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Re: improvements to

Hi, Mike,

Please disregard my earlier comment about simplifying with open: for: to
a single for; I think the latter won't close the file at the end of the

On Dec  8, 2014, Mike FABIAN <> wrote:

> Alexandre Oliva <> ãããããããã:

>> - get_lines_from_file

Its only use is as a loop generator, so you might as well ditch
all_lines and yield each full line as you build it, like:

              if line.endswith('/'):
                current_line += line[:-1]
                yield current_line + line
                current_line = ''
    if current_line: # file ends with a continuation line
        yield current_line

>> - I'm a little bit concerned with the regexp in
>> extract_character_classes_and_code_points.  I recommend using
>> re.escape(char_class) instead of plain char_class, so that, if the
>> char_classes ever contains rx-active characters, we won't get unintended
>> matches or rx compilation failures.  Furthermore, the current rx could
>> match such extraneous line prefixes as Âclass "upper  or Âlower"; Â.
>> Maybe drop the '?'s from the current rx and accept
>> '|'+re.escape(char_class)+'\s+' as an *alternative* to the partiall rx
>> between '^' and '\s+', or check that if any of the before- and
>> after-char_class groups is empty, then so is the other, reporting an
>> error otherwise.  (Am I being too paranoid?)


> Looks much uglier though.

It does indeed.

I wonder if it would make sense to construct a regexp that matched all
possibilities once, and use it throughout the loop.  Something along the
lines of:

  classes = '|'.join([re.escape_char(x) for x in [
               'upper', 'lower', 'alpha'... 'combining_level3']])
  maps = '|'.join([re.escape_char(x) for x in [
               'toupper, 'tolower', 'totitle']])

  rx = re.compile(r'^(?:' + '|'.join([
     '(?P<noclass>' + classes + ')',
     'class "(?P<class>' + classes + ')"',
     '(?P<nomap>' + maps + ')',
     'map "(?P<map>' + maps + ')"']) + ')')

  for line in get_lines_from_file(filename):
    match = re.match(rx, line)
    if match:
      for group in ['noclass', 'class', 'nomap', 'map']:
        char_class =
        if char_class:
      # use char_class like before

but, yuck...  This would only make sense if we wanted to
distinguish between classes and maps and make sure the names follow the
expected kinds, I guess.  Here's an alternative:

  classes = '|'.join([re.escape_char(x) for x in [
               'upper', 'lower', 'alpha'... 'totitle]])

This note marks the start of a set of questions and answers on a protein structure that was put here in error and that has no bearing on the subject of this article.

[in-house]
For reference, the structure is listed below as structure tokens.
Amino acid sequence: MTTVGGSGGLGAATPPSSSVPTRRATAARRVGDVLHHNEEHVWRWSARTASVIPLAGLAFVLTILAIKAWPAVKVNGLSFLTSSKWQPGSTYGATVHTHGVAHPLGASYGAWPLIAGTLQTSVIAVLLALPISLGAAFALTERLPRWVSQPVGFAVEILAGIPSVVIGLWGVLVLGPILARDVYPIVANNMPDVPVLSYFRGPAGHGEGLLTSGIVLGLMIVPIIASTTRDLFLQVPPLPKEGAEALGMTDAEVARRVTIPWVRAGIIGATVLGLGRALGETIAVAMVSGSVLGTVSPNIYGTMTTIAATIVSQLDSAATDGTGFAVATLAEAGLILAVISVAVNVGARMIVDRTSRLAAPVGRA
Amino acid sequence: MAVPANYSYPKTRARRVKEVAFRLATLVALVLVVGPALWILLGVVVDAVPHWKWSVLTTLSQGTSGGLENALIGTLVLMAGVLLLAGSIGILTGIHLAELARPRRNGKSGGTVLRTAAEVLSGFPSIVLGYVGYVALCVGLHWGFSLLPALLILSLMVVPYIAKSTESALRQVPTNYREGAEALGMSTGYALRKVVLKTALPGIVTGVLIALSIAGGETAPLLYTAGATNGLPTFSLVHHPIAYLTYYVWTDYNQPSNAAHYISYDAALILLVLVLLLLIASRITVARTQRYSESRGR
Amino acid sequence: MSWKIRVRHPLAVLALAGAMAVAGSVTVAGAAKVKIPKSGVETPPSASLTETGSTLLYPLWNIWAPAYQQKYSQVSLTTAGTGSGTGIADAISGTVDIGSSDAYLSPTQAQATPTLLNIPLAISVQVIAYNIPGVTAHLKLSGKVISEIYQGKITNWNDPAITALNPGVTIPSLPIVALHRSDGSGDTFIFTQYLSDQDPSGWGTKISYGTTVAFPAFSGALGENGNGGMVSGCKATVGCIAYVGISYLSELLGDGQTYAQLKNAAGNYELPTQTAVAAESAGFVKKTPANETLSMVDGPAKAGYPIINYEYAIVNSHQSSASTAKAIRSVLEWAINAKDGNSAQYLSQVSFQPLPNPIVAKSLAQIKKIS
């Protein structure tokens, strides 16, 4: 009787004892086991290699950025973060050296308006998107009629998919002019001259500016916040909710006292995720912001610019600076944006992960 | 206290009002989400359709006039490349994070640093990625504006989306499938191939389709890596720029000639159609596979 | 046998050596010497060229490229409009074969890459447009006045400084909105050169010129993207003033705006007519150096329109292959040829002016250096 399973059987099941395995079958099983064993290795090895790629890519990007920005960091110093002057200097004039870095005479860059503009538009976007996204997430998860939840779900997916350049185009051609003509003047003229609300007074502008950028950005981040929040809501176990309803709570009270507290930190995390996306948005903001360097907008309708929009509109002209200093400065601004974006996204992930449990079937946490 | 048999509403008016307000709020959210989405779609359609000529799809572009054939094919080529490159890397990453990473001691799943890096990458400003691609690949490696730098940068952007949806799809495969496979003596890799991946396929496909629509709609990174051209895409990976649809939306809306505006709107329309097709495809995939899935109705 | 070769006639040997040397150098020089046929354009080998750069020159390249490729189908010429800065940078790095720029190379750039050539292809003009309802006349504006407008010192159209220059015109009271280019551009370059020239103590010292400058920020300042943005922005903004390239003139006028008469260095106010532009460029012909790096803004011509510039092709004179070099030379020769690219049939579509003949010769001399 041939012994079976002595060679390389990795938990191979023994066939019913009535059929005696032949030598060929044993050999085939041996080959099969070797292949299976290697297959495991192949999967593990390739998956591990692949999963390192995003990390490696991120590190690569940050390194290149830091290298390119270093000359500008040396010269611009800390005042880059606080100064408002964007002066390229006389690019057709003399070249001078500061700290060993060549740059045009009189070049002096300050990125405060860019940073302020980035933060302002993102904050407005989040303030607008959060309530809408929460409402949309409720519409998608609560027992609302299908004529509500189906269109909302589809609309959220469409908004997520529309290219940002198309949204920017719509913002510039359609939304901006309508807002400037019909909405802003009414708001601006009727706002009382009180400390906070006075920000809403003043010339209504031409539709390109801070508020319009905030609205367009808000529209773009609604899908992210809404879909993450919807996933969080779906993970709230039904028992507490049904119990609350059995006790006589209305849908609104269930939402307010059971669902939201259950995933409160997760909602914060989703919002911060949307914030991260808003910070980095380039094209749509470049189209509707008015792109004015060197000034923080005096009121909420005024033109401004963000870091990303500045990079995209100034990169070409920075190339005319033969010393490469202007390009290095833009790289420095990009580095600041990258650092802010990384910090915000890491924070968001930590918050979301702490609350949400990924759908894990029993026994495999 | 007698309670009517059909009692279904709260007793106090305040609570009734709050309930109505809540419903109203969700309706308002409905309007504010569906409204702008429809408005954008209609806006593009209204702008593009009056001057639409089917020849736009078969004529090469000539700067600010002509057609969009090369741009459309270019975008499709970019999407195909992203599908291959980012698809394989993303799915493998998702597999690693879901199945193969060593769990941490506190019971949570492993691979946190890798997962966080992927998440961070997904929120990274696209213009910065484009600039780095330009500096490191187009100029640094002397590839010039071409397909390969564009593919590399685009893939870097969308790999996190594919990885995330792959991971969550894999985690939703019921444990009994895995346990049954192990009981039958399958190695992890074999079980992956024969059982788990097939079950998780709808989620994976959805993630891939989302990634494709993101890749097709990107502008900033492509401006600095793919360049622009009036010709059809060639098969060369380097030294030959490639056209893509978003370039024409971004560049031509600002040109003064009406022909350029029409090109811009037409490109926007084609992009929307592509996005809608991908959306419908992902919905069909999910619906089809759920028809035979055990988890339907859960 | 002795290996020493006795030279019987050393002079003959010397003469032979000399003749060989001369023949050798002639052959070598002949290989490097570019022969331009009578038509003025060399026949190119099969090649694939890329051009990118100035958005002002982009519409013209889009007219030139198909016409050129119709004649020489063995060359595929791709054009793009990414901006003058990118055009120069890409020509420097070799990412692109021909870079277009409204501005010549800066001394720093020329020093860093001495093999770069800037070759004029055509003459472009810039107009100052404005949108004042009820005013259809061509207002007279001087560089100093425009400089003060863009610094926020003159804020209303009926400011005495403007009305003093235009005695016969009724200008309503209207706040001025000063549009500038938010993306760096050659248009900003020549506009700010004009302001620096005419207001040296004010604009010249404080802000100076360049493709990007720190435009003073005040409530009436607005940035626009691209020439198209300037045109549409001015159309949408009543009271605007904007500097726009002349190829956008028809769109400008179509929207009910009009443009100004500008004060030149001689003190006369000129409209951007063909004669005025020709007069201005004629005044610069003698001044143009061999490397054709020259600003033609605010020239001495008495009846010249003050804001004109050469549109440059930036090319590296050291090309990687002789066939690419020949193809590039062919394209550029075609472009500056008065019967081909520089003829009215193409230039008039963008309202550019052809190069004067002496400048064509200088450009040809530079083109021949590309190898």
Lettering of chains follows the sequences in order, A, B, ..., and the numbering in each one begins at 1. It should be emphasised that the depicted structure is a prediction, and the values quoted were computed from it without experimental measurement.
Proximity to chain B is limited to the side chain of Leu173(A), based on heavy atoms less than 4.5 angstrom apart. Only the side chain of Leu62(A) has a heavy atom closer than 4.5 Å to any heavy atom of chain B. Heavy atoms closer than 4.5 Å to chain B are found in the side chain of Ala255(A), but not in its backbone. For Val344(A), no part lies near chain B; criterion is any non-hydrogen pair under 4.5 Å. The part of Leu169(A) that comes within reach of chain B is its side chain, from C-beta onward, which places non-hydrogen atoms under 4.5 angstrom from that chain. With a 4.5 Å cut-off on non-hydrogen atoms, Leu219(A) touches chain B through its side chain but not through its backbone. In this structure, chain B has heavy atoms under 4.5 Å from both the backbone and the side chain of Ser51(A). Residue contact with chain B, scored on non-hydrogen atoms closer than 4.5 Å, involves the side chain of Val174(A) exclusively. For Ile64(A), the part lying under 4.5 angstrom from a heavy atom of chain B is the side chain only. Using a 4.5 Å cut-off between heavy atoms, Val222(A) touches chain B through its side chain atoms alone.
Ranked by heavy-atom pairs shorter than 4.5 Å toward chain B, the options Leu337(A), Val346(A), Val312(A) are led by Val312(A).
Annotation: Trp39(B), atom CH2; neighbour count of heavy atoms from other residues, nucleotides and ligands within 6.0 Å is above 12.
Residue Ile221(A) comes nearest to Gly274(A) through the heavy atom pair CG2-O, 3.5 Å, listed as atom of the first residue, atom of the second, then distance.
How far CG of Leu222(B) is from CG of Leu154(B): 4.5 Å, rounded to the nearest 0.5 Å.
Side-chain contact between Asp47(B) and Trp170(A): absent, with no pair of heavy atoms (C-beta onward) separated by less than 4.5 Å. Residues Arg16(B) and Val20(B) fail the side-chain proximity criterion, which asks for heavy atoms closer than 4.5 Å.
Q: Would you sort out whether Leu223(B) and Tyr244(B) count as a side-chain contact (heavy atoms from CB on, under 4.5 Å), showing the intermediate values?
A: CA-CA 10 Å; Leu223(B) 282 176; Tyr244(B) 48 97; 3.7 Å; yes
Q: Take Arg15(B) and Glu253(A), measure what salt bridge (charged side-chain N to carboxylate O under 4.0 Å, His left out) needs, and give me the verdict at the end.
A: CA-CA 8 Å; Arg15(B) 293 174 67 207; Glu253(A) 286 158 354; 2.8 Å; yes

rx = re.compile(r'(?:(?:class|map) (?P<quote>"))?(?P<class>' + classes + ')(?P=quote)')

  for line in get_lines_from_file(filename):
    match = re.match(rx, line)
    if match:
      char_class ='class')
      # use char_class like before

and this could still be easily extended to tell classes and maps apart,
if we so wanted.

>> and
>> it could be reworked to use a single regexp to cover all cases, like:
>> '^<U(?P<codepoint>...)>(?:(?:\.\.(?:\(2\)\.\.)?)<U(?P<codepoint2>...)>)$'
>> + '|^\(<U(?P<codepointf>...)>,<U(?P<codepointm>...)>)\)$' and then
>> testing the to tell the cases apart.  Or maybe have two
>> separate regexps, but breaking up the handling of classes and of maps
>> into separate functions, so that you don't have to repeatedly test for
>> one case or the other.  It would also make the code far more readable:
>> it took me a while to realize why the comma separator was handled so
>> differently from the two other kinds of separators, before I finally hit
>> the parentheses in the regexp ;-)

> To me it looks very readable as it is, better then a single more
> complicated regexp to cover all cases.

I still dislike the code duplication in cases 2 and 3 (and 1?), but I
guess I can live with that ;-)

>> if (...):
>>   number_of_errors += 1
>>   print(...%{...})
>> if (...):
>>   cperror(...%{...})

So...  this didn't work out as well as anticipated, because we're still
using the global variable.  I guess avoiding global variables will
require changing the idiom a bit, either passing explicitly an object
holding the counter, or having functions return an error count to be
totaled by the caller, like:

  errors = 0
  if (...)
    errors += cperror(...)
  return errors



>> it might be even nicer if the expression, the format string and the
>> bindings dictionary could be turned into a lambda or somesuch in a list
>> of tests, but I can't think of a clean way to do that without needlessly
>> applying the format operator when the test passes.  Something to think
>> about...

We might have to think about this harder, for I'm pretty sure this
function exceeds both the complexity and module size limits :-(

Alexandre Oliva, freedom fighter
You must be the change you wish to see in the world. -- Gandhi
Be Free! --   FSF Latin America board member
Free Software Evangelist|Red Hat Brasil GNU Toolchain Engineer

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